In addition to these core technical skills, product managers must also be knowledgeable about software development processes, ensuring that the product is built to the highest technical standards and delivered on time and within budget. By mastering these technical skills, product managers can work effectively with the development team and product designers to create products that meet customer needs and achieve business objectives.

Soft Skills and Collaboration

Soft skills are the secret sauce that enables product managers to excel in their roles. Strong communication, problem-solving, and empathy are essential for smooth collaboration with team members and stakeholders. These skills also play a crucial role in decision-making, as critical thinking, creativity, and negotiation help product managers make informed choices that benefit both the product and the organization.

Influencing stakeholders is another area where soft skills shine. Persuasion, relationship-building, and leadership enable product managers to rally support for their product vision and strategy, ensuring that everyone is on board and working towards a common goal. By honing these soft skills, product managers can navigate the complexities of their role with ease and drive their products to success.

The Product Manager's Role in the Product Lifecycle

A product manager’s role extends across the entire product lifecycle, from the initial spark of an idea to the launch and beyond. They are the guiding force behind every stage of the product’s development, ensuring that it meets customer needs, aligns with the organization’s goals, and ultimately achieves success in the market.


During the development phase, product managers work closely with engineers and designers to bring the product to life, setting project milestones, managing communication between the product team and the organization, and ensuring that any risks are addressed. In this role, a project manager is vital for success. In addition, they must continuously conduct competitive market analyses to ascertain their product’s position in the market and make informed decisions based on customer feedback and industry trends.

Discovery and Validation

The discovery and validation phase is where product managers lay the groundwork for a successful product. They research market opportunities, validate ideas, and prioritize features, ensuring that the product’s vision and strategy are aligned with customer needs and market trends.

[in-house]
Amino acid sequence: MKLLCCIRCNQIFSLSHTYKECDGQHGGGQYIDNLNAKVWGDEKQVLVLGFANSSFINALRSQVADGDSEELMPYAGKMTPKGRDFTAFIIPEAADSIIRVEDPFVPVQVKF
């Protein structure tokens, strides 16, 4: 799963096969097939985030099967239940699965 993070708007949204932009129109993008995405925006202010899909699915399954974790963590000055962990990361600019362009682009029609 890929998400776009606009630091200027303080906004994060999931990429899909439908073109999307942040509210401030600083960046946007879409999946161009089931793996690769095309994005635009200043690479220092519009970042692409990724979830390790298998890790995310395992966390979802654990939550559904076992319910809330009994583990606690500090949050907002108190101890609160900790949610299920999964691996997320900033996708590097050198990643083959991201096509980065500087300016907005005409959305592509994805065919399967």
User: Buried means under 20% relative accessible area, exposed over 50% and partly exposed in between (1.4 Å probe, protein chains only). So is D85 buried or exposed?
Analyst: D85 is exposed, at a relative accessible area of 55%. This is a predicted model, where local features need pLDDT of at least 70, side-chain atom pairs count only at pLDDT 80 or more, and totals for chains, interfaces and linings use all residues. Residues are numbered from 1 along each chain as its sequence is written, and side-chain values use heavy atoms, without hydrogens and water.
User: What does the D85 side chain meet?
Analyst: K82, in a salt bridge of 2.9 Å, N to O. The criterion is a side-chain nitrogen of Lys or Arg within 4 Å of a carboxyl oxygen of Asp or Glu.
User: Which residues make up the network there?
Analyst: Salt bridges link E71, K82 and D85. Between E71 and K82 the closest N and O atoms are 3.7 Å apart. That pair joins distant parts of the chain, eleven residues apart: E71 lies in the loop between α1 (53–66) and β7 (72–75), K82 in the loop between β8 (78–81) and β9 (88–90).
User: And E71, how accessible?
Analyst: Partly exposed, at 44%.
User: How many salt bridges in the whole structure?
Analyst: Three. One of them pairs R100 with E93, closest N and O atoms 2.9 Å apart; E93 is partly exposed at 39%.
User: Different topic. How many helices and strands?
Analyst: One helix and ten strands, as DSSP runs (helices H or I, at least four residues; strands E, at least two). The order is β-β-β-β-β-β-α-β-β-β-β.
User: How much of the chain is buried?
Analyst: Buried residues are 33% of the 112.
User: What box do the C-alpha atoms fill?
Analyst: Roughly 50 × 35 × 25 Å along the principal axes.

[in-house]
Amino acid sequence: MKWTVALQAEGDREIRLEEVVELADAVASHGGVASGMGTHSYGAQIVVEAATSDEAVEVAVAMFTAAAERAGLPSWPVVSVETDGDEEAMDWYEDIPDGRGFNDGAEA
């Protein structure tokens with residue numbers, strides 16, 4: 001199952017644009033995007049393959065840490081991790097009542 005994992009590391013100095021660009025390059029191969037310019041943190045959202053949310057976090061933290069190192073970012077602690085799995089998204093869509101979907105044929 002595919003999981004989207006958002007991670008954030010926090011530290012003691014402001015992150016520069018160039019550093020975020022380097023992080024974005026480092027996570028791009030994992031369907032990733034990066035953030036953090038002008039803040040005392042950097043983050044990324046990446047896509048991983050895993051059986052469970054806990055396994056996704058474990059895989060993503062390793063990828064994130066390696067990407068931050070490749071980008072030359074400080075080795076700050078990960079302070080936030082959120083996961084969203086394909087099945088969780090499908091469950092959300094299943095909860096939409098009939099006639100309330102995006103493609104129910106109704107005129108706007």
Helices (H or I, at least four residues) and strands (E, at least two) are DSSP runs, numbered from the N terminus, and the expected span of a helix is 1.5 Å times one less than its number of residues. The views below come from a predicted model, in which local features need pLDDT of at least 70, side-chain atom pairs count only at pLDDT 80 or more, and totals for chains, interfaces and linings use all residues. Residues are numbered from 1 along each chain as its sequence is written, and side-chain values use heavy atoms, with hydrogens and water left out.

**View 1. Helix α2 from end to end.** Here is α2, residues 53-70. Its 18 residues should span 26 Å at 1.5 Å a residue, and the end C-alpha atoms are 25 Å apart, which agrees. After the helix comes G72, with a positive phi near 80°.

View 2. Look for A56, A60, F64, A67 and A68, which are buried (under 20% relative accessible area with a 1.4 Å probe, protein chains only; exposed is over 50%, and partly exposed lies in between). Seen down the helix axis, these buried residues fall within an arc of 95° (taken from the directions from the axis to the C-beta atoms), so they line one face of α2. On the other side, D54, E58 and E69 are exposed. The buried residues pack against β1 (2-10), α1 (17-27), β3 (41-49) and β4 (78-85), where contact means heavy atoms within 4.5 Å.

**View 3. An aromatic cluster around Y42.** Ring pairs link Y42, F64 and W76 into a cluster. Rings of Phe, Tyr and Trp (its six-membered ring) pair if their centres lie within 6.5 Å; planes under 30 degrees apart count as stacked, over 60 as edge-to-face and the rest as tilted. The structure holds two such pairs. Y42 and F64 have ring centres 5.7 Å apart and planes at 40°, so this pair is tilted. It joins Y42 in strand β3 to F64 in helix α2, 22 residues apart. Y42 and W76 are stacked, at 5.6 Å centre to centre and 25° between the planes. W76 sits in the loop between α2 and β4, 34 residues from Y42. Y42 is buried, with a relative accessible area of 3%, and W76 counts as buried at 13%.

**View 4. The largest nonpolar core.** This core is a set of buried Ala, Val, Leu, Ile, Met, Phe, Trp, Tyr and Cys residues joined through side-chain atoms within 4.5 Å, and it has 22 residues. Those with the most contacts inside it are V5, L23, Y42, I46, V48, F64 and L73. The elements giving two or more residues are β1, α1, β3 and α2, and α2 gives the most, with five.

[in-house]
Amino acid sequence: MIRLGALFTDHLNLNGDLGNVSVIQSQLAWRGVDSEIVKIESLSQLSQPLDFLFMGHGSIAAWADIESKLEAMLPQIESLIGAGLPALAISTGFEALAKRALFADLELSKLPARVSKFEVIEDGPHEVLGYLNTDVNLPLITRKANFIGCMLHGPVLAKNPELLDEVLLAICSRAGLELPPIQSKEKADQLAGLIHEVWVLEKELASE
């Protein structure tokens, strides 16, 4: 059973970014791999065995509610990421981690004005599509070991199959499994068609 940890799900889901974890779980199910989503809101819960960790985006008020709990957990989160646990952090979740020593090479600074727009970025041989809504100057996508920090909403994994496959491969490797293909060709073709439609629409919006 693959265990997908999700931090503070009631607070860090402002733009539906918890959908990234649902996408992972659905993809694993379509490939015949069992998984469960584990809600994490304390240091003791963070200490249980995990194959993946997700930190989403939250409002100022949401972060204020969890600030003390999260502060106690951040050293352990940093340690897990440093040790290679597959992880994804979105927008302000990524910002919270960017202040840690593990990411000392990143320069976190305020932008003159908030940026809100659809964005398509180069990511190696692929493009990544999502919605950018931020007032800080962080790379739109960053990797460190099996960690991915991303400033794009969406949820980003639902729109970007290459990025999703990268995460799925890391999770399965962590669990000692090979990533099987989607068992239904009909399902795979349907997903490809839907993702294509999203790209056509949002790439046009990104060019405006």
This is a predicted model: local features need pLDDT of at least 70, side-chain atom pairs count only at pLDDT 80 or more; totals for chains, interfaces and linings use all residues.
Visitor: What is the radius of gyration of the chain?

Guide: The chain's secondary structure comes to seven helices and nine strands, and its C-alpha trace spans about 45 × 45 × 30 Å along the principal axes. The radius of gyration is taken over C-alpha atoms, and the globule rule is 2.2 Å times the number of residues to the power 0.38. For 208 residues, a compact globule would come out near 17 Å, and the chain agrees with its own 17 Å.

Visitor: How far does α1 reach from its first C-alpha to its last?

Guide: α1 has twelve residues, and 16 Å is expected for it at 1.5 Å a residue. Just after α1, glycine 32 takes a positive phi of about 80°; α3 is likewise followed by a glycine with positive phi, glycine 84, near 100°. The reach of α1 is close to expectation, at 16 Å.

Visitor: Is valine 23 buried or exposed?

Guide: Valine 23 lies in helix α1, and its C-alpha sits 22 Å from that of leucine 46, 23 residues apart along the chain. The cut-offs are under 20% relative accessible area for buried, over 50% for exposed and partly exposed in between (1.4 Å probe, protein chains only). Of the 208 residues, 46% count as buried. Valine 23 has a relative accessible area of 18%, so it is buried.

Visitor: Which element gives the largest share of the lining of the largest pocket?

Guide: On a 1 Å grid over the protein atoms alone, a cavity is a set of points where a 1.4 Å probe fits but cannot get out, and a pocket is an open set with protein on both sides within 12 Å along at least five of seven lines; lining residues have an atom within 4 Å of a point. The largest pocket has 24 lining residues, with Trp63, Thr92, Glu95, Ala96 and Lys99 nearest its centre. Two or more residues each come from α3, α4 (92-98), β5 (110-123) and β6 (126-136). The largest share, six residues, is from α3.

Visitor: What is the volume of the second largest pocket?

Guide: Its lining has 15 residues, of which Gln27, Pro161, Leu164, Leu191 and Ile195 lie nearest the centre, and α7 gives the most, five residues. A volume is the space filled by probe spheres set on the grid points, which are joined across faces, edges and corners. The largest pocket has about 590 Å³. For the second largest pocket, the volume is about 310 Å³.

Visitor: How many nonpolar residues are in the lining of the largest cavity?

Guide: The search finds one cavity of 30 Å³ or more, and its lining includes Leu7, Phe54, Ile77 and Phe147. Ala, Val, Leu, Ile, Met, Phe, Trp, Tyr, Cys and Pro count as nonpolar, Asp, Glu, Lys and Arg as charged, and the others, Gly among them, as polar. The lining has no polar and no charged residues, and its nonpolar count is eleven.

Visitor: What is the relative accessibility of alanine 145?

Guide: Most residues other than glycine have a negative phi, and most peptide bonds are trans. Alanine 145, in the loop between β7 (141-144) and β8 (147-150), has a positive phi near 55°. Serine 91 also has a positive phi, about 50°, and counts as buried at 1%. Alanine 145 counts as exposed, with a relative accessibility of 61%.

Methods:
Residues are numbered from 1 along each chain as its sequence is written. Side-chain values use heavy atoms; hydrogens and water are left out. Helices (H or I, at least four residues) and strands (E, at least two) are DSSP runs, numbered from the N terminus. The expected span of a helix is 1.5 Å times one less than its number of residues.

During this phase, product managers use various tools and techniques to gain insights into customer needs, such as user research, customer success stories, and market analysis. This information is then used to inform the product roadmap, guiding the development process and ensuring that the product remains relevant and competitive in the market.

Development and Launch

The development and launch phase is where the product comes to life. Product managers collaborate with designers and engineers to build the product, ensuring that it meets the vision and strategy set forth during the discovery and validation phase.

Once the product is launched, the product manager’s role does not end. They must continuously measure the product’s performance, gather user feedback, and analyze data to inform future iterations and improvements. By staying engaged throughout the entire product lifecycle, product managers ensure that their products remain competitive, relevant, and successful in the market.

Best Practices for Aspiring Product Managers

If you’re considering a career as a product manager, there are a few best practices to keep in mind. First and foremost, focus on building strong relationships with team members, customers, and stakeholders. Effective communication, active listening, and empathy are key to forging these relationships and understanding the challenges and opportunities that your product will face.

Secondly, continuously learn and adapt to industry changes. Stay informed about the latest trends, attend workshops, and seek feedback from peers to stay ahead of the curve. By embracing a growth mindset and constantly expanding your knowledge and skills, you’ll be well-prepared to excel as a product manager in the ever-evolving business landscape.

Building Strong Relationships

Building strong relationships is at the heart of successful product management. Active listening, empathy, and effective communication enable product managers to understand the needs and concerns of their team members, customers, and stakeholders. By fostering a deep understanding of these perspectives, product managers can make informed decisions that benefit both the product and the organization.

To build strong relationships, be open to learning and asking questions. Engage with customers, listen to their feedback, and demonstrate a genuine interest in their needs. By doing so, you’ll not only gain valuable insights into your product’s market fit but also establish trust and credibility with the very people who will determine your product’s success.

Continuous Learning and Adaptability